Academy Award-winning actor Richard Dreyfuss has recorded dramatic readings of an Apple End User License Agreement, a bit of performance art initiated by CNET to illustrate the impenetrable nature of these legal agreements.
Four snippets are available online, which Dreyfuss reads in different voices, ranging from a vaguely Shakespearean tone for the “Please read” introduction to a Germanic-inflected dictatorial rendition of the “Effective until” passage describing the agreement’s termination.
Nearly all EULAs are largely incomprehensible to the general public, full of twisted legalese that runs for pages, which explains why virtually nobody actually reads them.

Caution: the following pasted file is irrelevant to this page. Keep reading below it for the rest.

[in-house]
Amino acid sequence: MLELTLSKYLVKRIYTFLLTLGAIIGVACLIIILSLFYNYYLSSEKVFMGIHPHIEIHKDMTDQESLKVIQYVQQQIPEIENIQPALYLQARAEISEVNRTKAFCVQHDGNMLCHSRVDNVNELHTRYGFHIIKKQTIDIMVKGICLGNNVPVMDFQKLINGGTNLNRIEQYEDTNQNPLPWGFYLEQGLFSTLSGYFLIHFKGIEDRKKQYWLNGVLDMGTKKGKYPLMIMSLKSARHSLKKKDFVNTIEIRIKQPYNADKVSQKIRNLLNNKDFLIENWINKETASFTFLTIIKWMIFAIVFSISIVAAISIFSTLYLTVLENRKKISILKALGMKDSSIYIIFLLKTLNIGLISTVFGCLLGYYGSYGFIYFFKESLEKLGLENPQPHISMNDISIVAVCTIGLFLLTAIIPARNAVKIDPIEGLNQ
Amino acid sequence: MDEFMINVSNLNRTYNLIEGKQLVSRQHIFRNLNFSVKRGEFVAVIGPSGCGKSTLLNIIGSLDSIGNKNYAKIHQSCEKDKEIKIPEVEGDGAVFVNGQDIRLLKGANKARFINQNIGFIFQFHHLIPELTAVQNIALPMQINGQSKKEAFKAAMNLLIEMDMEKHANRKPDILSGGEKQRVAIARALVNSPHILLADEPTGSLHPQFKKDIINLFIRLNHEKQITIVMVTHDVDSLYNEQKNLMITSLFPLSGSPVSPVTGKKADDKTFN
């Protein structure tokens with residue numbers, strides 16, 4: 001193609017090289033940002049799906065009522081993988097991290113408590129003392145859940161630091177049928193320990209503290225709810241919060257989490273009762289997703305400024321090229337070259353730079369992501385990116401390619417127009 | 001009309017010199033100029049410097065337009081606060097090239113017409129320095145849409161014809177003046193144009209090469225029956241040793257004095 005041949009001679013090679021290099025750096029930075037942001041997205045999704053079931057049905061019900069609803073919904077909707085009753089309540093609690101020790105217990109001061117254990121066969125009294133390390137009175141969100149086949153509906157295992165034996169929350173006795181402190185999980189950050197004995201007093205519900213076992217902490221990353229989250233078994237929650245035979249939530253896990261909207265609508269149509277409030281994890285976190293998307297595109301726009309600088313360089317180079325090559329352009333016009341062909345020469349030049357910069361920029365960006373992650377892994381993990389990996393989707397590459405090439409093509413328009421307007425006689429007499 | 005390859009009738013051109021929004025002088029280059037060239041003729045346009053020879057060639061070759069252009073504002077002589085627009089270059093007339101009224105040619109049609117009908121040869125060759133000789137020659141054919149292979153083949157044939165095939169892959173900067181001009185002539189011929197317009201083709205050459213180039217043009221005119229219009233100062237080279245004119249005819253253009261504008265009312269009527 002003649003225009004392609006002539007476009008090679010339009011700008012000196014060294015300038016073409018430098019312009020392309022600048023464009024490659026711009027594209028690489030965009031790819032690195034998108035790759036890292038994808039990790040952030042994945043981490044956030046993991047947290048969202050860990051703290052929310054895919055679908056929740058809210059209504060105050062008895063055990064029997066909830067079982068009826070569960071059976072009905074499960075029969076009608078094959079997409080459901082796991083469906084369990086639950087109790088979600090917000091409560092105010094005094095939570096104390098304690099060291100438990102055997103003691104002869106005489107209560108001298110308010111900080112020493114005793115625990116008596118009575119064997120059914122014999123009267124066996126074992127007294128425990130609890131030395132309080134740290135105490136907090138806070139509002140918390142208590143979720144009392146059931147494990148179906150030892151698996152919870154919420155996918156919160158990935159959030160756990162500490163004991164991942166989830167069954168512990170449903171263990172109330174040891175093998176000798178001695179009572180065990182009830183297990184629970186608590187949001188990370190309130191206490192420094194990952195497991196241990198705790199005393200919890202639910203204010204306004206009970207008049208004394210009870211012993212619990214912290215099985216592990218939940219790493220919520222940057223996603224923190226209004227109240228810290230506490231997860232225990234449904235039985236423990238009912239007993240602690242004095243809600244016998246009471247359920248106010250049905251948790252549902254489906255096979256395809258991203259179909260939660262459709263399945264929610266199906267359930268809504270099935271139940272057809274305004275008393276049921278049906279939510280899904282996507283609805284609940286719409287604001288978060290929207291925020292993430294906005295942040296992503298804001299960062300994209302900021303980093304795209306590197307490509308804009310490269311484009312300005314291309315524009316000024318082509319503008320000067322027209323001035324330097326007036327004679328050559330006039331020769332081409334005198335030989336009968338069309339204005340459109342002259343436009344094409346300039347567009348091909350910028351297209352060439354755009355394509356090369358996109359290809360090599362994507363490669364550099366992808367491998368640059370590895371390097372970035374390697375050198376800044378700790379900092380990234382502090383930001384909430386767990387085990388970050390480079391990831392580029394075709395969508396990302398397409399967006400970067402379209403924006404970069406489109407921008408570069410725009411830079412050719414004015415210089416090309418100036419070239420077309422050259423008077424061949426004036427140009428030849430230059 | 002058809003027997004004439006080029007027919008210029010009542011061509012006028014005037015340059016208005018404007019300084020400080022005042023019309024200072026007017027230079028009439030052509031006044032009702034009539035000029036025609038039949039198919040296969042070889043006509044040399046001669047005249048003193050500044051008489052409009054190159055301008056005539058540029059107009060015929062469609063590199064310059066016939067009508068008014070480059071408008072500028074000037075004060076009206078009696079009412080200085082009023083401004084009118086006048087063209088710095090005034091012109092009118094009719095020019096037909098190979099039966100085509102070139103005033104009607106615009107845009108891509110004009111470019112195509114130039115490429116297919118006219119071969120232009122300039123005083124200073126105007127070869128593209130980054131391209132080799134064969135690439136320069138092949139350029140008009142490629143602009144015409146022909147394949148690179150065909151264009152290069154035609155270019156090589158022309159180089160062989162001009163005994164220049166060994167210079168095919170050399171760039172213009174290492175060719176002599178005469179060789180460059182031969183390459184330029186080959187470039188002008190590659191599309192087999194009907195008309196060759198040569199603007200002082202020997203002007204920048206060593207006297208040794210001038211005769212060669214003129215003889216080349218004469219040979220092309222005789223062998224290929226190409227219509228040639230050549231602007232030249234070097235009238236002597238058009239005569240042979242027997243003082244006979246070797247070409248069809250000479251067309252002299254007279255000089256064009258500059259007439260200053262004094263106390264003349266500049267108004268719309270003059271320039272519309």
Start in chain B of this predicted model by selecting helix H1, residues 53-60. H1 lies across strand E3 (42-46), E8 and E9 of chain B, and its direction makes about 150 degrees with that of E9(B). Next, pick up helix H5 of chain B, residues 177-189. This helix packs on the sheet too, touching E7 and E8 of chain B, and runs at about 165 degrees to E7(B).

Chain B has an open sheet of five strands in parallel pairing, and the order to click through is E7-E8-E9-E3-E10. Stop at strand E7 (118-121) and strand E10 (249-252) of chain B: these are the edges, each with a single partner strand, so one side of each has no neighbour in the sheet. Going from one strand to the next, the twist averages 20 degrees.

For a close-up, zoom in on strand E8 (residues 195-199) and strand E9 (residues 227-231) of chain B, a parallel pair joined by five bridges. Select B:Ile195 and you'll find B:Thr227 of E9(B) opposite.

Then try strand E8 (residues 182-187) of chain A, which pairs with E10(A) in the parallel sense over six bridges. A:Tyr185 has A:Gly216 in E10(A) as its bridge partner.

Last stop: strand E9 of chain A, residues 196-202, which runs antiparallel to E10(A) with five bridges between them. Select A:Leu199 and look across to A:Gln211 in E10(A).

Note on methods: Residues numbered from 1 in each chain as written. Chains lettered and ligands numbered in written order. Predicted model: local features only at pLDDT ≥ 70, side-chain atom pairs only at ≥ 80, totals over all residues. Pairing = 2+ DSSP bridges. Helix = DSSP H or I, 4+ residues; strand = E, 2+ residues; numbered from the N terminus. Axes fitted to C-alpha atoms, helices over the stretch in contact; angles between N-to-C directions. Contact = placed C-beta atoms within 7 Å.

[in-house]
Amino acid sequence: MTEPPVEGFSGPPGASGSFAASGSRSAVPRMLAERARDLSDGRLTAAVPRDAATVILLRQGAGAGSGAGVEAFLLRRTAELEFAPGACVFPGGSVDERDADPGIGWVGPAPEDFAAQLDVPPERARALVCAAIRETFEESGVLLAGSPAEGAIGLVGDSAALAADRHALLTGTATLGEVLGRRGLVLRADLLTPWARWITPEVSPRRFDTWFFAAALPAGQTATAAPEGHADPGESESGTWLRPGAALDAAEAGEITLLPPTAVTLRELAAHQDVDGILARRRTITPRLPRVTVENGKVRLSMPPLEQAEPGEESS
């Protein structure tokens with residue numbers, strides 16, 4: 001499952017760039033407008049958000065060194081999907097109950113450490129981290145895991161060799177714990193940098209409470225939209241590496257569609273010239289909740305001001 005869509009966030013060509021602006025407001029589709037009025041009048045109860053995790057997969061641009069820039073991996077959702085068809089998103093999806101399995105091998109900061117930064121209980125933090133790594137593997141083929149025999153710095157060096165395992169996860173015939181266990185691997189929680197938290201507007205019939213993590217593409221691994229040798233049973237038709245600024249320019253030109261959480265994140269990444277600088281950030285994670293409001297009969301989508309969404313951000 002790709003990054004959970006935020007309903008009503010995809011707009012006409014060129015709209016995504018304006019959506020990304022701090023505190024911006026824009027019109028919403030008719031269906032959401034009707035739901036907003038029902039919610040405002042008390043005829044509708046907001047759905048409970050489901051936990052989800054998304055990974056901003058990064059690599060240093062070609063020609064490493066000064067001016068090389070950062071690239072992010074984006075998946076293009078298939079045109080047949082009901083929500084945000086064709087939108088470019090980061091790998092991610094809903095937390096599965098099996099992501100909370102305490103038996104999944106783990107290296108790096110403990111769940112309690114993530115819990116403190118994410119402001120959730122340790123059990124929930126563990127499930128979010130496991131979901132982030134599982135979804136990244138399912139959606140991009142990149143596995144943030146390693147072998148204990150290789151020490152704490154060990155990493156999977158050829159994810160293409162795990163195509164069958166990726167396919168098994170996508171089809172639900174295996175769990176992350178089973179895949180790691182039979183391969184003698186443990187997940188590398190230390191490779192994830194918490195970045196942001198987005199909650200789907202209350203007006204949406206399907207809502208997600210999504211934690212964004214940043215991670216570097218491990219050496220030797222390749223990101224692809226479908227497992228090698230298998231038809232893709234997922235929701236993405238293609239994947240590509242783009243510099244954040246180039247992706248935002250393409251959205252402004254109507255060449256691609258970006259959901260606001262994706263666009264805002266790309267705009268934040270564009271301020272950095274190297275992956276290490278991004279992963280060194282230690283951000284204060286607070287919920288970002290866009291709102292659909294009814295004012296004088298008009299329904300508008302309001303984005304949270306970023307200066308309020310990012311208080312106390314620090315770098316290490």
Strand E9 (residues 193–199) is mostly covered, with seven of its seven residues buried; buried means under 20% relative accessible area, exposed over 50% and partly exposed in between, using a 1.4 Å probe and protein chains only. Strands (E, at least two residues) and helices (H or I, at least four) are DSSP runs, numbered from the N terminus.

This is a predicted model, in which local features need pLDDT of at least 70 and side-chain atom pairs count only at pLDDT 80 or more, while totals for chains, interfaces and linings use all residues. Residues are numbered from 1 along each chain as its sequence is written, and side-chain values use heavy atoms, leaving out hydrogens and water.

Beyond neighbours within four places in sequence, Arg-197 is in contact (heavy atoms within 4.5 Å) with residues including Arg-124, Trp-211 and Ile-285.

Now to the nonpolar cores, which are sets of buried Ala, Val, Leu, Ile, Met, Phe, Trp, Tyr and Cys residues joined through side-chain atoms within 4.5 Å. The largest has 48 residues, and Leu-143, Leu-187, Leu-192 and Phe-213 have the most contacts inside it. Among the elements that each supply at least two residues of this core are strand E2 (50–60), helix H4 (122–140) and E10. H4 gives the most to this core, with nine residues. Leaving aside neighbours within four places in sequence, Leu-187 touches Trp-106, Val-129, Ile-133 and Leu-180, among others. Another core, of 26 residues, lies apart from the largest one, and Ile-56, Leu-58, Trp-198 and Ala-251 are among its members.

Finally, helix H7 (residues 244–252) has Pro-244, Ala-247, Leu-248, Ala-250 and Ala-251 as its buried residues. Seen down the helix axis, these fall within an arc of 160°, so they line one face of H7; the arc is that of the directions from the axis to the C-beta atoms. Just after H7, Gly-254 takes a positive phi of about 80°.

Occasionally, though, somebody does read one and discovers something surprising. For example, the original EULA for Google’s Chrome browser was found to give Google certain rights over any material it displayed. The company quickly responded to the uproar and changed the offending passage, explaining that the mix up came from reusing EULA language between products… suggesting that not even the company reads its own license agreements.
Dreyfuss also provided the voiceover for Apple’s signature 1997 “Crazy Ones” television spot that kicked off the company’s “Think different” campaign and arguably its return to form.